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U.S. District Court Rules against R-CALF and Cattle Producers of Washington in Country-of-Origin Labeling Challenge

Friday, June 8, 2018

(North American Meat Institute)

The U.S. District Court for the Eastern District of Washington last week dismissed a lawsuit brought by Ranchers-Cattlemen Action Legal Fund, United Stockgrowers of America and Cattle Producers of Washington (plaintiffs). The lawsuit challenged a longstanding Food Safety and Inspection Service (FSIS) rule regarding labeling imported meat products and involved the 2016 rule promulgated by the Agricultural Marketing Service (AMS) repealing mandatory country-of-origin labeling (COOL) requirements for certain beef and pork products.

The court found that the plaintiffs' challenge to the FSIS rule, originally promulgated in 1970 and most recently amended in 1989, was barred by the Administrative Procedure Act's statute of limitations. The court found a legal challenge to the FSIS rule needed to be filed not later than 1995.

The court also ruled against the plaintiffs on the merits, finding neither the FSIS rule nor the AMS rule were arbitrary and capricious. Rather, the court said both rules unambiguously effected Congressional intent, saying “[T]he 1989 Foreign Products Rule directly imports the language of the FMIA” and “Congress enacted the relevant provisions of the 2016 Consolidated Appropriations Act to comply with the WTO reports and decisions in 2012 and 2015.”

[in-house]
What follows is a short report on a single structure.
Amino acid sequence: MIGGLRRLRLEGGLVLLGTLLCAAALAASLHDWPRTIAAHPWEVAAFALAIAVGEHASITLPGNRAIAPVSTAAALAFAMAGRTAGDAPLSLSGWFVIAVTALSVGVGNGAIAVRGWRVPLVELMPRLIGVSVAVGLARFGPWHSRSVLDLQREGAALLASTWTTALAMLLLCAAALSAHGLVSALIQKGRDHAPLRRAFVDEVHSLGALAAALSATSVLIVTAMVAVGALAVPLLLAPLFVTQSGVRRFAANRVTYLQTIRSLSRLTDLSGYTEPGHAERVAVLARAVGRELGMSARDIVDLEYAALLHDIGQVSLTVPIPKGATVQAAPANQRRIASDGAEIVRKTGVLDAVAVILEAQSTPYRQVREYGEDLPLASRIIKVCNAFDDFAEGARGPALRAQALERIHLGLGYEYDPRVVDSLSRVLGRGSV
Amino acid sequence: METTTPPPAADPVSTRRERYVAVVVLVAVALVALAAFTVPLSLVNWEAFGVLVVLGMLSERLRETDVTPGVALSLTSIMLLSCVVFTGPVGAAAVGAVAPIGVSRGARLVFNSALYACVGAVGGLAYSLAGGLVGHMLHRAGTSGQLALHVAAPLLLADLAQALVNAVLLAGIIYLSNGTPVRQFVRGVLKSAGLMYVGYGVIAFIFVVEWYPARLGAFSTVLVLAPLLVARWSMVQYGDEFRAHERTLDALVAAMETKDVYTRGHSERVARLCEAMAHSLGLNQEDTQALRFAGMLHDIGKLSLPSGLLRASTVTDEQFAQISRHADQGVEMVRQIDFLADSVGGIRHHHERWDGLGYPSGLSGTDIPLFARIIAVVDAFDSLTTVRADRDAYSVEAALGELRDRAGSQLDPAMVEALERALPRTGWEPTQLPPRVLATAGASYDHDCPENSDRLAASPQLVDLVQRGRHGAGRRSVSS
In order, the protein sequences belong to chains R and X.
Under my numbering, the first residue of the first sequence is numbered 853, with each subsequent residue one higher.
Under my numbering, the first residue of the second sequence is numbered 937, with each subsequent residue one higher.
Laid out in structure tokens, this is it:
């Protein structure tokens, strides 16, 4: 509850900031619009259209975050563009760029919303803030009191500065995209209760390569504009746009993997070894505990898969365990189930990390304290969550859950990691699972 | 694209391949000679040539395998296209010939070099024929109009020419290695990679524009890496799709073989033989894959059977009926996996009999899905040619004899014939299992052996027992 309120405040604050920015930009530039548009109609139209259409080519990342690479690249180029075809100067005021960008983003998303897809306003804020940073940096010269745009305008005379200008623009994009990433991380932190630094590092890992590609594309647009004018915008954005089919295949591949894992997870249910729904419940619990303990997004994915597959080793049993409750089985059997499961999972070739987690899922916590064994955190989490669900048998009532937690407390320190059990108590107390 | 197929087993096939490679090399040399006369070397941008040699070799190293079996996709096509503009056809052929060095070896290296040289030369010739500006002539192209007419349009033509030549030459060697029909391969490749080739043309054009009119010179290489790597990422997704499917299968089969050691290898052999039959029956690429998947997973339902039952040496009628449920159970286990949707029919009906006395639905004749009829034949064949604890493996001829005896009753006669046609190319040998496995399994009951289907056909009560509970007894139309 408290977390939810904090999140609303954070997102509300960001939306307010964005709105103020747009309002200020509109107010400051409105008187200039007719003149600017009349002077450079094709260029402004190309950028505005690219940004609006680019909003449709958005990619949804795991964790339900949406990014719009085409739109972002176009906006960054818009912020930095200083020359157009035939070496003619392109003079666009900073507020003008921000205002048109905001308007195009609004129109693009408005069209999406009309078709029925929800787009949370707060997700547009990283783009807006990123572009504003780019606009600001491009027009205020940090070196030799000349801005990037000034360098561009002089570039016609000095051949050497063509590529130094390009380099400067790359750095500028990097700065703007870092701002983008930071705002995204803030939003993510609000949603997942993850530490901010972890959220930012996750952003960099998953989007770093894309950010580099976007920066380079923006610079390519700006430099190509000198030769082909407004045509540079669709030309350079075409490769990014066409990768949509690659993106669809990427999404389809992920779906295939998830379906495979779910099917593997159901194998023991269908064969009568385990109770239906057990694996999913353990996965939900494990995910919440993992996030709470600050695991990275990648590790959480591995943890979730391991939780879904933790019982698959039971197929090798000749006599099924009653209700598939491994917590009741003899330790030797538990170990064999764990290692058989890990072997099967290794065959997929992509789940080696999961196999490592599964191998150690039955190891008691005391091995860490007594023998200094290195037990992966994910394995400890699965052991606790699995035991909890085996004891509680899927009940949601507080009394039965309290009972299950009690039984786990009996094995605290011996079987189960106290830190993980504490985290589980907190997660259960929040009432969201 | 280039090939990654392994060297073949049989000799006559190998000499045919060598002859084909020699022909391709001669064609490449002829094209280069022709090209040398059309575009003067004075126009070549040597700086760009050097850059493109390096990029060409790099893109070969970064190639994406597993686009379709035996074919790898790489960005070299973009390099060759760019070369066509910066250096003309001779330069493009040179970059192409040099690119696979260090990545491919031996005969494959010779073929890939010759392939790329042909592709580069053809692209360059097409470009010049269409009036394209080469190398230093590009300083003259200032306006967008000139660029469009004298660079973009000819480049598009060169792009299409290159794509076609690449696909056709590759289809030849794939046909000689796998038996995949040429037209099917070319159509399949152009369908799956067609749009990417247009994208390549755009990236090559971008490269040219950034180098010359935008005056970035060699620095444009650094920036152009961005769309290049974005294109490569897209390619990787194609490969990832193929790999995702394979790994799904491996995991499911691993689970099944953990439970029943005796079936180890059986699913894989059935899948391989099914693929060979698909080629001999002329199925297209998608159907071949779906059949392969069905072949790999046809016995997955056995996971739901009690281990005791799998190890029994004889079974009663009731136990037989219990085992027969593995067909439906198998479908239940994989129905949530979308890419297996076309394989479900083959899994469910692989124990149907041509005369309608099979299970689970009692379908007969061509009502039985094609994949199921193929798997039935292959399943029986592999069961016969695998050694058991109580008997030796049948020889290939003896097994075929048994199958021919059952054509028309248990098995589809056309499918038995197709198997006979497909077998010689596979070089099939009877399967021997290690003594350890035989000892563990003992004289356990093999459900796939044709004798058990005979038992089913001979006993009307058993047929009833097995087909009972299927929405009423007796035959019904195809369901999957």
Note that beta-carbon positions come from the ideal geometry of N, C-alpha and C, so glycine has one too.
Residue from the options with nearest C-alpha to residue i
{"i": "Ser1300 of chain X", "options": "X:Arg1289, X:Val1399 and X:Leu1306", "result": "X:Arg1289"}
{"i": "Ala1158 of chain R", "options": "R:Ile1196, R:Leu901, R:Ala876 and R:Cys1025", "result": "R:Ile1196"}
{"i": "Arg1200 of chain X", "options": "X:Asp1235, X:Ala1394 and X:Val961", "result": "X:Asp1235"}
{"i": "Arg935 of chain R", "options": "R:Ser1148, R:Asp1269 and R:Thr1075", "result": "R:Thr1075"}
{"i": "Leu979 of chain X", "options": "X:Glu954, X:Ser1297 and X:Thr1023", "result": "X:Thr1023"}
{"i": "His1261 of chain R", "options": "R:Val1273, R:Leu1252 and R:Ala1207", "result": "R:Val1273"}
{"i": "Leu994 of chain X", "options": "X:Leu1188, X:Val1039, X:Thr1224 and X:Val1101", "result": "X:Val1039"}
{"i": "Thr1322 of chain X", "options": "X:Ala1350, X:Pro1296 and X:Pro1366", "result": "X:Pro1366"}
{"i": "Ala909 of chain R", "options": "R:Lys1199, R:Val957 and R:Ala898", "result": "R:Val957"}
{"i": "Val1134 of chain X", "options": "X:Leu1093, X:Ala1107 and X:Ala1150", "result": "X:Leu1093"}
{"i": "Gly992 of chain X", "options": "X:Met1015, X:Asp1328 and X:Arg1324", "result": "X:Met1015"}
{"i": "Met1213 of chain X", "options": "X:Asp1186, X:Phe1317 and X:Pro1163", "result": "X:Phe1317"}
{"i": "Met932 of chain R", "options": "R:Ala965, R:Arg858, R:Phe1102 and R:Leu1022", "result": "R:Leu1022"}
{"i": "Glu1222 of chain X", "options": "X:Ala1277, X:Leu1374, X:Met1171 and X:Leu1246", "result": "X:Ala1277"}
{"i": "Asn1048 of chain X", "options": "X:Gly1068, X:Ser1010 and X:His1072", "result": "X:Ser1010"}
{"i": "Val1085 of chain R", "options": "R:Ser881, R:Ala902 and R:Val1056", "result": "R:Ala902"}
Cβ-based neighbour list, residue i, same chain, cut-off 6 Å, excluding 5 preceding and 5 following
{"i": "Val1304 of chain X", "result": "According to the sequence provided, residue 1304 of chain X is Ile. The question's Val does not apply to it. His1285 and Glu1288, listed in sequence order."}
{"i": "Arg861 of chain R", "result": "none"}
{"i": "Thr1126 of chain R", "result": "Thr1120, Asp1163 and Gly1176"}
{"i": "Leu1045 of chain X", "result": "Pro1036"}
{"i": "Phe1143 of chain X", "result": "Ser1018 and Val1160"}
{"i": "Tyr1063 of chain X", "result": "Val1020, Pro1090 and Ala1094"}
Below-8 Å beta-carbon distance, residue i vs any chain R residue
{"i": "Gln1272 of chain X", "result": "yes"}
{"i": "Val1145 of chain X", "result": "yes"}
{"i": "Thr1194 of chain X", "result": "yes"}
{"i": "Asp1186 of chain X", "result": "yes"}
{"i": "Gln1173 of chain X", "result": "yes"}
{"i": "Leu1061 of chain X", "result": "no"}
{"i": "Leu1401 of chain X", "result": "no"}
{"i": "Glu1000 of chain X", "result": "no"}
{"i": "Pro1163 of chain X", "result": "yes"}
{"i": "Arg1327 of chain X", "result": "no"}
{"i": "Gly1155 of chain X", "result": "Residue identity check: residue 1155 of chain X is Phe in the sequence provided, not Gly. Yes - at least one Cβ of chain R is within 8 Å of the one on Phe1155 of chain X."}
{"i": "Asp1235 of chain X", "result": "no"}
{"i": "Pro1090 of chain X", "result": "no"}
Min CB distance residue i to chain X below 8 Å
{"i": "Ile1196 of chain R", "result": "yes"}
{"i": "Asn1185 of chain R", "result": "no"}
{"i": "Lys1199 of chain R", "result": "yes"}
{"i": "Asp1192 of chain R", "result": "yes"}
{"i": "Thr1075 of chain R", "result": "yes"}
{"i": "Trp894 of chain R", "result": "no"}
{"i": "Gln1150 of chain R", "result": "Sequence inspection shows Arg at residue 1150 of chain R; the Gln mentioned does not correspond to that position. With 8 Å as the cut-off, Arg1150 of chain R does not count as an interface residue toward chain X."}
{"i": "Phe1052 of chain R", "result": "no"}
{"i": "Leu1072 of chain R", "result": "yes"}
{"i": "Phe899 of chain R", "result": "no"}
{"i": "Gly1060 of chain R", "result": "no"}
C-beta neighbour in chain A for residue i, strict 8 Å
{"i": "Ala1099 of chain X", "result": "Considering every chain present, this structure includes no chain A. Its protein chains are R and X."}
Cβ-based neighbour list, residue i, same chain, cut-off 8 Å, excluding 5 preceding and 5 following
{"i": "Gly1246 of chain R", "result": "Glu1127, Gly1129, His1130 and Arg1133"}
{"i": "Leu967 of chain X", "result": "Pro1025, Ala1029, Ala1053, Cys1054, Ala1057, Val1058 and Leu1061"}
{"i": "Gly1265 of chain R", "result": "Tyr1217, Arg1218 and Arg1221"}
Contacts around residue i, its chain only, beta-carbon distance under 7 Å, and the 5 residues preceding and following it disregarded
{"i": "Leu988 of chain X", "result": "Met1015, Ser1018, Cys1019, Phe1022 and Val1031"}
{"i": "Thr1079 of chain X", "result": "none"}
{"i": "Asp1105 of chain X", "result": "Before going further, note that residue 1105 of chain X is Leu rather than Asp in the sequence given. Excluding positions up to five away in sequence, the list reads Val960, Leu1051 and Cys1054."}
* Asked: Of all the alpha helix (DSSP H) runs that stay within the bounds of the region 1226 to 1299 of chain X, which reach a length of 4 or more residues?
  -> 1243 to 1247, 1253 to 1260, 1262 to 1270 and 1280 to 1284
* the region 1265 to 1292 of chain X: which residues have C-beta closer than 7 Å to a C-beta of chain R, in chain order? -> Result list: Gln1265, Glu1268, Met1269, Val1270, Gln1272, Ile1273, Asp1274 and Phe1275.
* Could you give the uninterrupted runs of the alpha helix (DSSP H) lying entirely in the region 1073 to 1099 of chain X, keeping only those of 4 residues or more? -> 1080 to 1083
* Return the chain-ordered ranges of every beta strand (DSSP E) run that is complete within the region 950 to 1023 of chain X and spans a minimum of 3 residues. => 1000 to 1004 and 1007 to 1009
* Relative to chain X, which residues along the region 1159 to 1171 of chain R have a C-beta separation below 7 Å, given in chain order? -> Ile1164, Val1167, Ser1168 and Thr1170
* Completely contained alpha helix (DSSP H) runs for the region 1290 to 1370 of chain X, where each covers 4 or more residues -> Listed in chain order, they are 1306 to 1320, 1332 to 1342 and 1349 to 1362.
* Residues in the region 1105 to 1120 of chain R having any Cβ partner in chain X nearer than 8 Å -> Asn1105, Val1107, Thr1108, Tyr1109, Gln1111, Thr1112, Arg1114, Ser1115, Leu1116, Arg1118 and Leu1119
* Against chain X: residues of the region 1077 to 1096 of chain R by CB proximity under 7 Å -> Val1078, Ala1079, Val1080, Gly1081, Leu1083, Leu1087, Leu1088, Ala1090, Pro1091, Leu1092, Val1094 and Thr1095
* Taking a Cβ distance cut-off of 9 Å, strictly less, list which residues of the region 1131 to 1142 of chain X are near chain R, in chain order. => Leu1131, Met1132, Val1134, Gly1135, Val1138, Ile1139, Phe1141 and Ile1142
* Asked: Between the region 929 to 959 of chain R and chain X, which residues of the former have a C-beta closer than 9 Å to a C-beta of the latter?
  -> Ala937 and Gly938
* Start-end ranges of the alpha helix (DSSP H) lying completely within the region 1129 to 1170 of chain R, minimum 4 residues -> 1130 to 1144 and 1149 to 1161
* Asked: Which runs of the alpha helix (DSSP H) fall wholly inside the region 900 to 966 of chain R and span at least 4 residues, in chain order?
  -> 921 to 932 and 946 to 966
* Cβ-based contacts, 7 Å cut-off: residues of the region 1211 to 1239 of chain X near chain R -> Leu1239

The decision prompted limited media interest, with RCALF's press release appearing to claim victory in the face of defeat and others calling on the administration to address COOL in the NAFTA negotiations. Although there is little indication COOL will be a subject of those discussions, the Meat Institute will continue to monitor this issue not only regarding NAFTA, but also with respect to the upcoming Senate 2018 Farm Bill markup, which is scheduled for this week.

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